DRIVERS will soon need to have a permit to park in another neighbourhood of Oxford.

Headington Quarry is the latest area of the city where a Controlled Parking Zone (CPZ) is set to be introduced.

The CPZ, hailed for stopping sneaky commuters from leaving their cars on residential streets, will be introduced from Valentine's Day next year.

It is the latest in a series of parking zones introduced through the city, and will mean that residents on most of the main streets through Quarry will have to pay £65 to park on the street outside their homes if they own a car.

These parking restrictions will be enforced by roving traffic wardens and will last between 9am and 5pm on weekdays.

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Despite the new charge, residents of Quarry were largely in favour of the plans, with a survey carried out by Oxfordshire County Council showing that 46 per cent, the majority of those who took part, agreed with the new restrictions.

The council's cabinet member for transport and the environment Yvonne Constance signed off on the new CPZ at a meeting on Thursday (November 19).

The local councillor for Headington and Quarry, Roz Smith, spoke in favour of the plans.

Banbury Cake:

The CPZ sign for Marston South

She said: "I think the scheme will work. I think it will stop the commuter parking and I think along with the trial of the Quarry filter will actually improve the whole area for residents and for those using the Quarry area cycling and walking through from other areas."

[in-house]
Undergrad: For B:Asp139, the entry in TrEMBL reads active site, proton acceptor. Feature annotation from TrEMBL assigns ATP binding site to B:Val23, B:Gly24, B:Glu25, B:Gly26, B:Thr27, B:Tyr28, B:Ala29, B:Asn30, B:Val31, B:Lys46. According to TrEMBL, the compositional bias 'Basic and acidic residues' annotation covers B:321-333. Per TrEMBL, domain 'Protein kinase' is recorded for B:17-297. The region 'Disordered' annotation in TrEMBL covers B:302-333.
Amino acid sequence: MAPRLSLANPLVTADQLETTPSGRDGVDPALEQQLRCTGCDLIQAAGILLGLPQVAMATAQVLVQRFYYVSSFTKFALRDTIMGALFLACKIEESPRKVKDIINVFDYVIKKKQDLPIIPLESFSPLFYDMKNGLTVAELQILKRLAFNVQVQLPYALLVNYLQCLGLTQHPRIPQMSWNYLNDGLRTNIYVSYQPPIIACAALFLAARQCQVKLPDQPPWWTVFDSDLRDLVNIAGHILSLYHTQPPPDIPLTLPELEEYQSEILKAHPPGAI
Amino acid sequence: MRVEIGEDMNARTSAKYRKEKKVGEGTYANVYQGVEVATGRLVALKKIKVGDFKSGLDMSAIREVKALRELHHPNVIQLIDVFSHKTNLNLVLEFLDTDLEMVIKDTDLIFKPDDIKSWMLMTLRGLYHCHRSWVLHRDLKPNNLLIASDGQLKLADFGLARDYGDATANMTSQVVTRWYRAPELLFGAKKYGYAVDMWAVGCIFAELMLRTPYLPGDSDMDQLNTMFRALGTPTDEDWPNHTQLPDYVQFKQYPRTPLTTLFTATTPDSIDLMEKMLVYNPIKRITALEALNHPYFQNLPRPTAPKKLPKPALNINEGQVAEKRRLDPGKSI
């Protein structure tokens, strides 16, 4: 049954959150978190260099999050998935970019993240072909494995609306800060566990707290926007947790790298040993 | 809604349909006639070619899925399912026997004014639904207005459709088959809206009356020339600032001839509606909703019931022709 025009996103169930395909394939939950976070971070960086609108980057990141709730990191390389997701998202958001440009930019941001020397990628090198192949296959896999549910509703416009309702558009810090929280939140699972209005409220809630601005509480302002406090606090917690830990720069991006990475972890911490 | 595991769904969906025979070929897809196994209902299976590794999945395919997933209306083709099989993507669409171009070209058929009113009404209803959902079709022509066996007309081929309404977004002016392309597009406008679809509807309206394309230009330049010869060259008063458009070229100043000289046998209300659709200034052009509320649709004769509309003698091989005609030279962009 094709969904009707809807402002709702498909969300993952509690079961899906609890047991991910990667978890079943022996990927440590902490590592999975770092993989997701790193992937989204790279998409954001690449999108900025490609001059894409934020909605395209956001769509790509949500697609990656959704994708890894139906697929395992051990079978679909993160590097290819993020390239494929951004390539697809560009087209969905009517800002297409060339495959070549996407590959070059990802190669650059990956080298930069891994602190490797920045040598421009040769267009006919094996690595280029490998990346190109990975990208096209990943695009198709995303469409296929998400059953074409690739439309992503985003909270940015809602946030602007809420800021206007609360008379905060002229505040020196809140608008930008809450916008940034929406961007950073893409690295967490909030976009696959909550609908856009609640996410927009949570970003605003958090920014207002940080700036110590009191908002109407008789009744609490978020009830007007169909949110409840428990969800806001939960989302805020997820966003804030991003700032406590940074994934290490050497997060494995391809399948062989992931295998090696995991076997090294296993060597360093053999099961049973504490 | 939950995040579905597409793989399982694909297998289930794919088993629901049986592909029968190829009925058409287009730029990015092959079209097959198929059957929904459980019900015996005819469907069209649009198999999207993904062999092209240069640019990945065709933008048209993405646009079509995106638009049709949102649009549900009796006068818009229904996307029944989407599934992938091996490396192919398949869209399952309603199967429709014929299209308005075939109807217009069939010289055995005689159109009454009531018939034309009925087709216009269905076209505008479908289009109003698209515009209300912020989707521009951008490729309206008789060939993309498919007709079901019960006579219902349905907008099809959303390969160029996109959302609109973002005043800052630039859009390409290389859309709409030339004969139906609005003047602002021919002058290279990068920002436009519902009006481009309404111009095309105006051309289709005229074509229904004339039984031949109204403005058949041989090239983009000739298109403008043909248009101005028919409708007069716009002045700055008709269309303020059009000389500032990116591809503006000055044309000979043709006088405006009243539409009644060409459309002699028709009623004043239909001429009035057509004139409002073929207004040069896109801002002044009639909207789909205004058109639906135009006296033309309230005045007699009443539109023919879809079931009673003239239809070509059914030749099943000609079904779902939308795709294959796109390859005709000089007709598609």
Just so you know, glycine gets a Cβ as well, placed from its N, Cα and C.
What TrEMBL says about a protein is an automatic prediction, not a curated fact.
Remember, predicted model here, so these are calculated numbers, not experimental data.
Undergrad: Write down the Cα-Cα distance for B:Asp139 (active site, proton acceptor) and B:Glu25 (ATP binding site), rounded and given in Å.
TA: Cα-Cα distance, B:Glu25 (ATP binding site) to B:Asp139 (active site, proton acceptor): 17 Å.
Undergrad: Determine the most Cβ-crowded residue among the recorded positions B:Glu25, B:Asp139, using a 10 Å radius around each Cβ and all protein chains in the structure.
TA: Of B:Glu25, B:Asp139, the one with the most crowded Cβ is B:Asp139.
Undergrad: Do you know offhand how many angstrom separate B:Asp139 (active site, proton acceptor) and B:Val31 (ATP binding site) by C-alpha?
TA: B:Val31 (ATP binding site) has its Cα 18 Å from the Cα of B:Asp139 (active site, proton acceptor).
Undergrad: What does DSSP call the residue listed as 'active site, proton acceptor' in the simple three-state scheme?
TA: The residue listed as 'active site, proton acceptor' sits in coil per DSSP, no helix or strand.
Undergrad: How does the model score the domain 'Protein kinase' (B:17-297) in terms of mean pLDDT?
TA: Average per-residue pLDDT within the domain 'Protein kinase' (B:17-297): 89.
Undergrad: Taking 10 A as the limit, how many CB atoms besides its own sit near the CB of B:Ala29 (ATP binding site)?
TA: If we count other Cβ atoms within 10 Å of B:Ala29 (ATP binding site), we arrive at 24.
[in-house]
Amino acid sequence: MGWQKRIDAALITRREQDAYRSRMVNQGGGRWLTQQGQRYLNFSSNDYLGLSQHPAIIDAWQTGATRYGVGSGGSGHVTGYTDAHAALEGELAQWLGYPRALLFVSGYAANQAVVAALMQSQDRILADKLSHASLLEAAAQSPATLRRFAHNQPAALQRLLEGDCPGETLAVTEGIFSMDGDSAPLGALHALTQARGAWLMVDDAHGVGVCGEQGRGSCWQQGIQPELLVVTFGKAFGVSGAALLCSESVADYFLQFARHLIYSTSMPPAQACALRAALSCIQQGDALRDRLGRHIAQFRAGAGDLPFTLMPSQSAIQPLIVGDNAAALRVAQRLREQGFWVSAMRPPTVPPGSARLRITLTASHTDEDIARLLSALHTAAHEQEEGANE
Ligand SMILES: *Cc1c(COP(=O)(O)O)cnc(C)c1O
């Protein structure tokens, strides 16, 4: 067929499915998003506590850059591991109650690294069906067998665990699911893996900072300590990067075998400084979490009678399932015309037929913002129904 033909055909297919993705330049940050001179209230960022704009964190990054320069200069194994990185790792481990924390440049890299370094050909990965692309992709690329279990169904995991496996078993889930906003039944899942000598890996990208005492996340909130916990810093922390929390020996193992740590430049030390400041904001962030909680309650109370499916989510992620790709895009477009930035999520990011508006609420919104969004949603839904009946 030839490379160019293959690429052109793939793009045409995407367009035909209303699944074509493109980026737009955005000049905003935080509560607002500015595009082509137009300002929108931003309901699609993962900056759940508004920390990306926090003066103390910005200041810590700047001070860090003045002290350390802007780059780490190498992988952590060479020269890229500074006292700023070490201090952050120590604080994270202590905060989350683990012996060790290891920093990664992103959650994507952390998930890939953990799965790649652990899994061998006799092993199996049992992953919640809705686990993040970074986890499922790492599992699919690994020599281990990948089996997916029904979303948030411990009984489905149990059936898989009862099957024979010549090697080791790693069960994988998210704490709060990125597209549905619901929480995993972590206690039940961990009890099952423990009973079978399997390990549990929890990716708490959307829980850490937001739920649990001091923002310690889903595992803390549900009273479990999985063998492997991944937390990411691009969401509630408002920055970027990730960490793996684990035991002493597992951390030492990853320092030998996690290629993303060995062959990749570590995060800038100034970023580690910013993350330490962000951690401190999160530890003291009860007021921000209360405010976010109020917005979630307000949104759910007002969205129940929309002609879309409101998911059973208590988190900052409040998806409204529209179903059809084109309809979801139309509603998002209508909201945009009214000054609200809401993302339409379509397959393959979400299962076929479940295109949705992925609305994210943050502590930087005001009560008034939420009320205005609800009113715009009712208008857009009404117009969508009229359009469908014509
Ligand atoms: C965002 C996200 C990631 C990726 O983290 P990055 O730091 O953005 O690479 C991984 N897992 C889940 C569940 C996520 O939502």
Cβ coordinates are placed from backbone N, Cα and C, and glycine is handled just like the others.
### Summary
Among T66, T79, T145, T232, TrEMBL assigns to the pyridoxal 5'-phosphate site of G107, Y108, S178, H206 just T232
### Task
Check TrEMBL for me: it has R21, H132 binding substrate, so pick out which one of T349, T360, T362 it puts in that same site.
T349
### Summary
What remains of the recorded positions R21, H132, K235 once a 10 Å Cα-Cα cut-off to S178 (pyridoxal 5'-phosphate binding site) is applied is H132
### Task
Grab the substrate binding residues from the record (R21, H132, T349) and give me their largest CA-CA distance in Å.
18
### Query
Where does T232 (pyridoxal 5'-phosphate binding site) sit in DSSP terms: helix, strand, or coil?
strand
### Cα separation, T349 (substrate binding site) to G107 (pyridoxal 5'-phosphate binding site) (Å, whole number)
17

But she added she was concerned there would be a knock-on effect for Risinghurst, where commuters may park instead, and said the impact of the new zone needed to be monitored.

Cabinet member Ms Constance also heard arguments for and against another CPZ at Navigation Way, Burgess Mead and Brindley Close, a small cluster of streets on the west side of the Oxford canal from Jericho.

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But Ms Constance agreed that a CPZ was not needed in the area, which is only accessible from one road, usually guarded by a currently malfunctioning electronic bollard.

A local resident Jason Purvor said that there was very little commuter parking in his area despite the broken bollard.

Ms Constance did however approve plans to ban cars from waiting outside St Philip and St James School on Navigation Way.

The cabinet member said: "The intention of the CPZ of course is not the manage the routing of traffic but simply keeping out commuter traffic.

"If there is nowhere to park for free on residential streets we are hoping commuters will realise you don’t drive a car into Oxford you catch a bus or maybe cycle."